John Phipps: Why Farmers' Beef with USDA May Be Misdirected

06:00AM Sep 10, 2019
Hands shelling corn 10
A viewer has a question for John Phipps about "missing acres" in USDA's report.
( Farm Journal )

Kurt Sandgren from Hector, Minnesota is one of many farmers questioning the USDA numbers for this crop:

“No one seems to be answering the question as to why we have almost 6 million more acres of land either planted or prevent plant to major crops this year compared to the previous 5-year averages? How did we make more land? Would like an answer from the USDA. Something isn’t adding up!”

Kurt, thanks for the question. It probably is one our market experts should tackle, but I’ve heard it before many times during many different years. My answer is I don’t know where those acres come from and go to from year to year, but I know the total principle crop acres varies every year.

CS chart 1

Here is a chart for the last ten years. You can see the variance was significant for 2019, but not unprecedented. We had a 10 million acre drop in 2012 – the drought year. This is what it looks like in chart form.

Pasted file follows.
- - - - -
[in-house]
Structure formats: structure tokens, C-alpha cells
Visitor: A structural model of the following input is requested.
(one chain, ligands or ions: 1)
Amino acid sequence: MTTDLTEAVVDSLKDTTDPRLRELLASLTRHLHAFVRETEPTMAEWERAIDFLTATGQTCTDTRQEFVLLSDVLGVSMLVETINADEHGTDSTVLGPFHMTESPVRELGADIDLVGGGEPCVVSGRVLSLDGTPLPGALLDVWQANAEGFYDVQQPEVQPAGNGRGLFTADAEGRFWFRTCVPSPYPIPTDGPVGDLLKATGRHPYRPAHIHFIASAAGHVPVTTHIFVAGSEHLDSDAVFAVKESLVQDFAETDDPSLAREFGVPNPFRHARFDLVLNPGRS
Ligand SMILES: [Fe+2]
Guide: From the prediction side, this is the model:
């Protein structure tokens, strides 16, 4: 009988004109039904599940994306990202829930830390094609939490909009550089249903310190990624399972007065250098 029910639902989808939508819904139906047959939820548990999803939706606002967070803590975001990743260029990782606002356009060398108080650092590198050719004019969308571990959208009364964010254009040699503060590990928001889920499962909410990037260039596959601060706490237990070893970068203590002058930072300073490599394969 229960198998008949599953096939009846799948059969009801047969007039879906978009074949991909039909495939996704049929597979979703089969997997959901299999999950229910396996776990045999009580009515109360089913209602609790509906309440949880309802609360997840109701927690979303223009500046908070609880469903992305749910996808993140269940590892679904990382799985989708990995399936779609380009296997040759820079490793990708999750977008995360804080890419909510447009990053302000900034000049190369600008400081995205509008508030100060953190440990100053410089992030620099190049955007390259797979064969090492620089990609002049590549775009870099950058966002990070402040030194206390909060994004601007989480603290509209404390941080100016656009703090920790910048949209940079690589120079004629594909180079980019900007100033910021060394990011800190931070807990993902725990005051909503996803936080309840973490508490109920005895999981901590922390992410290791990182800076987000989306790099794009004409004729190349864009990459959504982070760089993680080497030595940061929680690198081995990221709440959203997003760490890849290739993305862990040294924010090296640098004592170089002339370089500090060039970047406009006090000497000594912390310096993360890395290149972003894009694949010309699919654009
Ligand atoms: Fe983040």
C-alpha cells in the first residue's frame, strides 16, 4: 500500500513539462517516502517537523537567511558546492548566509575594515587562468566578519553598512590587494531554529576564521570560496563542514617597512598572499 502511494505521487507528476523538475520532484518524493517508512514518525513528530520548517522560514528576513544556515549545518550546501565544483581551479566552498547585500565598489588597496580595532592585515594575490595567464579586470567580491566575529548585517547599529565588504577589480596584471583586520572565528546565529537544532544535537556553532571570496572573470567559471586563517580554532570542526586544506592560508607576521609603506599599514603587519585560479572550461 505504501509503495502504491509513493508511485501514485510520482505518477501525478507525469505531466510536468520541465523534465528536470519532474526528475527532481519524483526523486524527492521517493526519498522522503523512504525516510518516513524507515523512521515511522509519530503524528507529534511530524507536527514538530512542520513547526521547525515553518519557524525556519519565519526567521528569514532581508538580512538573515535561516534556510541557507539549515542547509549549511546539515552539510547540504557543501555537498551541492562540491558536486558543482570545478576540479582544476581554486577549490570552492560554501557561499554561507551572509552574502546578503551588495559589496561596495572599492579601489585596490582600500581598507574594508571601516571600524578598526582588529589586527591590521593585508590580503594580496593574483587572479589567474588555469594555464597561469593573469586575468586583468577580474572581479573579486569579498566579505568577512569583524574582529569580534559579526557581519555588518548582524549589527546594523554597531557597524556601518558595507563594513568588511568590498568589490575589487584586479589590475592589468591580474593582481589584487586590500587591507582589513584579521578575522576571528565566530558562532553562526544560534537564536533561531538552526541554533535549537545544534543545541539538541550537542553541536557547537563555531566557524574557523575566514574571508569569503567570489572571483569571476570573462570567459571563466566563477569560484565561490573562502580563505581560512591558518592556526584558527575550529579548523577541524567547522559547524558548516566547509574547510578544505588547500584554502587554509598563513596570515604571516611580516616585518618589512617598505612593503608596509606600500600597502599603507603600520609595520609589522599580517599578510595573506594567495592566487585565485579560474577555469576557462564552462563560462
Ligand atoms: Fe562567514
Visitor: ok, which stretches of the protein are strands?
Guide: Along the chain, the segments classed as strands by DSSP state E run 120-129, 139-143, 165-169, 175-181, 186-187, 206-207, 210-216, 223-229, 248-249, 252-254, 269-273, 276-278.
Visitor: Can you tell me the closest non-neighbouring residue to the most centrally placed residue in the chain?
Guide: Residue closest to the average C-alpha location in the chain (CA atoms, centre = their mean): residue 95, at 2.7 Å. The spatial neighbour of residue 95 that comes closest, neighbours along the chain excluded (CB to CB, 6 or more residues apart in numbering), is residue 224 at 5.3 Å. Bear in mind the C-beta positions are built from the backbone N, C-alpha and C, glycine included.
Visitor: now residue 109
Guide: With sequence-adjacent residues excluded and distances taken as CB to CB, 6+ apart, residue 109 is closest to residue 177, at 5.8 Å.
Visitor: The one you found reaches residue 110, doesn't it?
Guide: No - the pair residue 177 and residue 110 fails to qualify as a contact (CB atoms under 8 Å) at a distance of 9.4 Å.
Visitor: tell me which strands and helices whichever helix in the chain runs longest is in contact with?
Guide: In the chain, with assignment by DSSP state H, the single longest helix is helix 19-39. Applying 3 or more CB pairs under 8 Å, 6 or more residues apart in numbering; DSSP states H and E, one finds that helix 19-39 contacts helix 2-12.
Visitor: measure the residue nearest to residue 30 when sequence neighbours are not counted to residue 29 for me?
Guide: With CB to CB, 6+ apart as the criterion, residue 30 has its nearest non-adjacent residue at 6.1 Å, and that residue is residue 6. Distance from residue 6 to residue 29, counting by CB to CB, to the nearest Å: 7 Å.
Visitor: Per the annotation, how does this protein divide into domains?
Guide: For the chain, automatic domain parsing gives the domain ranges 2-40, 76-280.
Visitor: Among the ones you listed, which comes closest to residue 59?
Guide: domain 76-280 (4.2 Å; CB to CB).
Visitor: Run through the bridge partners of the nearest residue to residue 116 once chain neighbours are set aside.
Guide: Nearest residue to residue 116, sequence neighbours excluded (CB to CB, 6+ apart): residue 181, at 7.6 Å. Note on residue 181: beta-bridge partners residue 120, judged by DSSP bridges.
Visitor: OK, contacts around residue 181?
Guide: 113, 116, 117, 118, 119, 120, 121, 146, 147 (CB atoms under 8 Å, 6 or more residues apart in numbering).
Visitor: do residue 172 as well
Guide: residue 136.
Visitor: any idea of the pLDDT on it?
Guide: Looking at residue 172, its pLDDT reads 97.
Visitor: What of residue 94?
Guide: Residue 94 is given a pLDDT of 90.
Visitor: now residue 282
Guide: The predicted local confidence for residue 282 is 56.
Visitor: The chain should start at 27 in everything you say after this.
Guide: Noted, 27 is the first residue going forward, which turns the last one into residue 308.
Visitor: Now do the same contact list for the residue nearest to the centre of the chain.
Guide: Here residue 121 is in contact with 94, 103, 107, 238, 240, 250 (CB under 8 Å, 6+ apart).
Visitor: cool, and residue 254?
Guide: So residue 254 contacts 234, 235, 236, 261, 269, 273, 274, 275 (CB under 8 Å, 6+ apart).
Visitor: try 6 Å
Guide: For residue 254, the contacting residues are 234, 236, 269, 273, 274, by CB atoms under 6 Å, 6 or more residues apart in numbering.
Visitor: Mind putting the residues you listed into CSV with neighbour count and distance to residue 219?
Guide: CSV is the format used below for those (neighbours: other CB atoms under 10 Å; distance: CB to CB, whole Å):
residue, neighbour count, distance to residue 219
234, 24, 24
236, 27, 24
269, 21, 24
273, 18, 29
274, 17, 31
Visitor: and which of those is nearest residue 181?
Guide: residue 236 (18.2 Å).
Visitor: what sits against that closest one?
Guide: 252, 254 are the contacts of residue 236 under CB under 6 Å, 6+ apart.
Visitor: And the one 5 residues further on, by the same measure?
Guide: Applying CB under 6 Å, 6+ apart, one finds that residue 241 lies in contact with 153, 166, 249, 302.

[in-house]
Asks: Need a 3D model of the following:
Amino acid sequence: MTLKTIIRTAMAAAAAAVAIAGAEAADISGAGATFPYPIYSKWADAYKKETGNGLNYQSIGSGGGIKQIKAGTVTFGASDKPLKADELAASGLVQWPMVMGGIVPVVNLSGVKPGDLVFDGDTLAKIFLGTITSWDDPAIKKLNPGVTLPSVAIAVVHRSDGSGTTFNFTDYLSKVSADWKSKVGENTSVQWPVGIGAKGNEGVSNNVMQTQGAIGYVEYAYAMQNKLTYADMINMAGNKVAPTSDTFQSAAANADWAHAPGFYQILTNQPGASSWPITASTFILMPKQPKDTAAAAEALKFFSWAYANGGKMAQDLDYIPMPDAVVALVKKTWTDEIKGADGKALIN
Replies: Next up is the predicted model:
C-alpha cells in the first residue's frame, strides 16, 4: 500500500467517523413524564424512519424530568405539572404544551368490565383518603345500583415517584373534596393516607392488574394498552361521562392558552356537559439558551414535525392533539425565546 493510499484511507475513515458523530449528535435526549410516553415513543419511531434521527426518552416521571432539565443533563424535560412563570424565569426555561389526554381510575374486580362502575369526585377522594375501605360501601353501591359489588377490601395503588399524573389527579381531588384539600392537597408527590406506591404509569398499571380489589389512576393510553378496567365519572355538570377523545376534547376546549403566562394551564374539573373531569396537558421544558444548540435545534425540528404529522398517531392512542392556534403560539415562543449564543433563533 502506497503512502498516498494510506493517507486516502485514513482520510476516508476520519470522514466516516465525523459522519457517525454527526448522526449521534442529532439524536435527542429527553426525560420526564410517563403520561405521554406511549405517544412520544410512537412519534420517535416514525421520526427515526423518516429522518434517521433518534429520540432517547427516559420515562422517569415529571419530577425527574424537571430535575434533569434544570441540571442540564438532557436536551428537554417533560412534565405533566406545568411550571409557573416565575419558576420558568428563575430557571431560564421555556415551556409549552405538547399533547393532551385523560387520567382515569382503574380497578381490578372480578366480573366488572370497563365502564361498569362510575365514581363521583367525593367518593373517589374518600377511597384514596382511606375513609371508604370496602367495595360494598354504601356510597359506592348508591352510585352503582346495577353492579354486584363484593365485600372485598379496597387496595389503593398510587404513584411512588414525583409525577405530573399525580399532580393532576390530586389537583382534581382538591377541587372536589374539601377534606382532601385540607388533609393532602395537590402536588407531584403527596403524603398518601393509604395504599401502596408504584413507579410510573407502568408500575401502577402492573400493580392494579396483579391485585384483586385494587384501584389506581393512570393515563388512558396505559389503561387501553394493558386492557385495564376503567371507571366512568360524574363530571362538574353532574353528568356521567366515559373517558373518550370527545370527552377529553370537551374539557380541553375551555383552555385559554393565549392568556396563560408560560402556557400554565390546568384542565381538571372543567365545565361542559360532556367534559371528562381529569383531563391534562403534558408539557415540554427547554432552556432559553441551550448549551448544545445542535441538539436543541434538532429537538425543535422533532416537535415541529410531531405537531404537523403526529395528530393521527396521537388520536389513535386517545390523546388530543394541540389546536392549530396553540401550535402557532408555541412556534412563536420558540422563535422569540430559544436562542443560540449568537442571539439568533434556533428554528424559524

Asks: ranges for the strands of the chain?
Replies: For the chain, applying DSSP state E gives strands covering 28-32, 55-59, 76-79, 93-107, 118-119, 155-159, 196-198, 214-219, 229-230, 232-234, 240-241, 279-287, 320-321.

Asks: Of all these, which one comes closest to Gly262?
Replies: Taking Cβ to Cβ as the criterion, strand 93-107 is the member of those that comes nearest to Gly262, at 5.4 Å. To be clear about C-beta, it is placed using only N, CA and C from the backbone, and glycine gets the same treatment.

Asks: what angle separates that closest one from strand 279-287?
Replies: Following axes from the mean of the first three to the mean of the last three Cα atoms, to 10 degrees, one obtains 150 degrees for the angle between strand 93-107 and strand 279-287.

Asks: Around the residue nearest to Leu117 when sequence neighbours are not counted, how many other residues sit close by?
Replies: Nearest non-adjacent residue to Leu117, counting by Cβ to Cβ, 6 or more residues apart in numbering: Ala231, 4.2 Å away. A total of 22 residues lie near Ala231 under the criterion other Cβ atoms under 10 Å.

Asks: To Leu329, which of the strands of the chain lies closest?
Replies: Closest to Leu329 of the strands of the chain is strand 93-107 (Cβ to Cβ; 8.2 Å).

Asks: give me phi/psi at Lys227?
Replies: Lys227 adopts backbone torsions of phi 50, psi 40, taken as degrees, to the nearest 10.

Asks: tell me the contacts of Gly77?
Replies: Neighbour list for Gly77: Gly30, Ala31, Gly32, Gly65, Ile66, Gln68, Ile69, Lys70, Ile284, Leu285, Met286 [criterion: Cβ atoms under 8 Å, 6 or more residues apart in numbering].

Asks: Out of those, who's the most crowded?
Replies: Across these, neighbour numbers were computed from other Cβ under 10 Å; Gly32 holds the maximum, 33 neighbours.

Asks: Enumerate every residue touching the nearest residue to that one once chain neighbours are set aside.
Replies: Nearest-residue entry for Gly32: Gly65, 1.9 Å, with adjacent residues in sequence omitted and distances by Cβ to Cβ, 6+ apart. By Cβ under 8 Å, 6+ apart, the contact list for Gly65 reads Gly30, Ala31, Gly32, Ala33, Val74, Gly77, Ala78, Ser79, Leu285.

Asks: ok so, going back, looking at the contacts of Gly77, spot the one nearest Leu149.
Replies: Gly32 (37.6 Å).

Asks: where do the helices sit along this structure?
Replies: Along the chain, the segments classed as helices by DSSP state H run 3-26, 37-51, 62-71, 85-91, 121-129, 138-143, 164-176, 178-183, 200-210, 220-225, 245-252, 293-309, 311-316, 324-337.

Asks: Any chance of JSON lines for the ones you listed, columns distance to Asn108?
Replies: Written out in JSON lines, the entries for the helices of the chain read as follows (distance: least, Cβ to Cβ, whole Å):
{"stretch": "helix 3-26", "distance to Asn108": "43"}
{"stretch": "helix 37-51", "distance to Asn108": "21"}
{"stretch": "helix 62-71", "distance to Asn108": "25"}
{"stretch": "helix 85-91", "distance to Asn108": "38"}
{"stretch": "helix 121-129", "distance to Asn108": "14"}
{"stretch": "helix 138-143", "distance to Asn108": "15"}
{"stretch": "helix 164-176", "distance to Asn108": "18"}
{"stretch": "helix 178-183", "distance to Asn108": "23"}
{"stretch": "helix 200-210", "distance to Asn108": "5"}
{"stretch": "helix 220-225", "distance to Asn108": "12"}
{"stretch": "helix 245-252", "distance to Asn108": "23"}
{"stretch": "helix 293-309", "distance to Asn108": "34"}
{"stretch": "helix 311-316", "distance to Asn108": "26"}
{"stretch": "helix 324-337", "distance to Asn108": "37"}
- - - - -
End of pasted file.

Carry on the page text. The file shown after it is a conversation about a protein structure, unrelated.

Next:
CS chart 2

As for the lively debate over how unplanted and prevent planted acres were accounted for, Lance Konig, the Chief of the Crops branch of NASS has made extra efforts to explain the process. Tyne did a full report on his conversation with AgriTalk’s Chip Flory as well.

The process is not exact, depending on interviews with farmers and observer estimates and a 2% error this season does not strike me as particularly alarming.

The more troubling aspect of this quarrel over acres is it may be a way for us to avoid the much larger problem – the demand side of the profit equation. While the accuracy of the crop acres and bushels will improve with each report, it is becoming clearer each day as well, we don’t have enough buyers for even this relatively small crop. NASS, I think, is taking misdirected heat from farmers who are reluctant to acknowledge the effects of trade wars, EPA actions, and other demand decreasers like fake meats, lest  alone imagine how we will get supply and demand numbers closer together.

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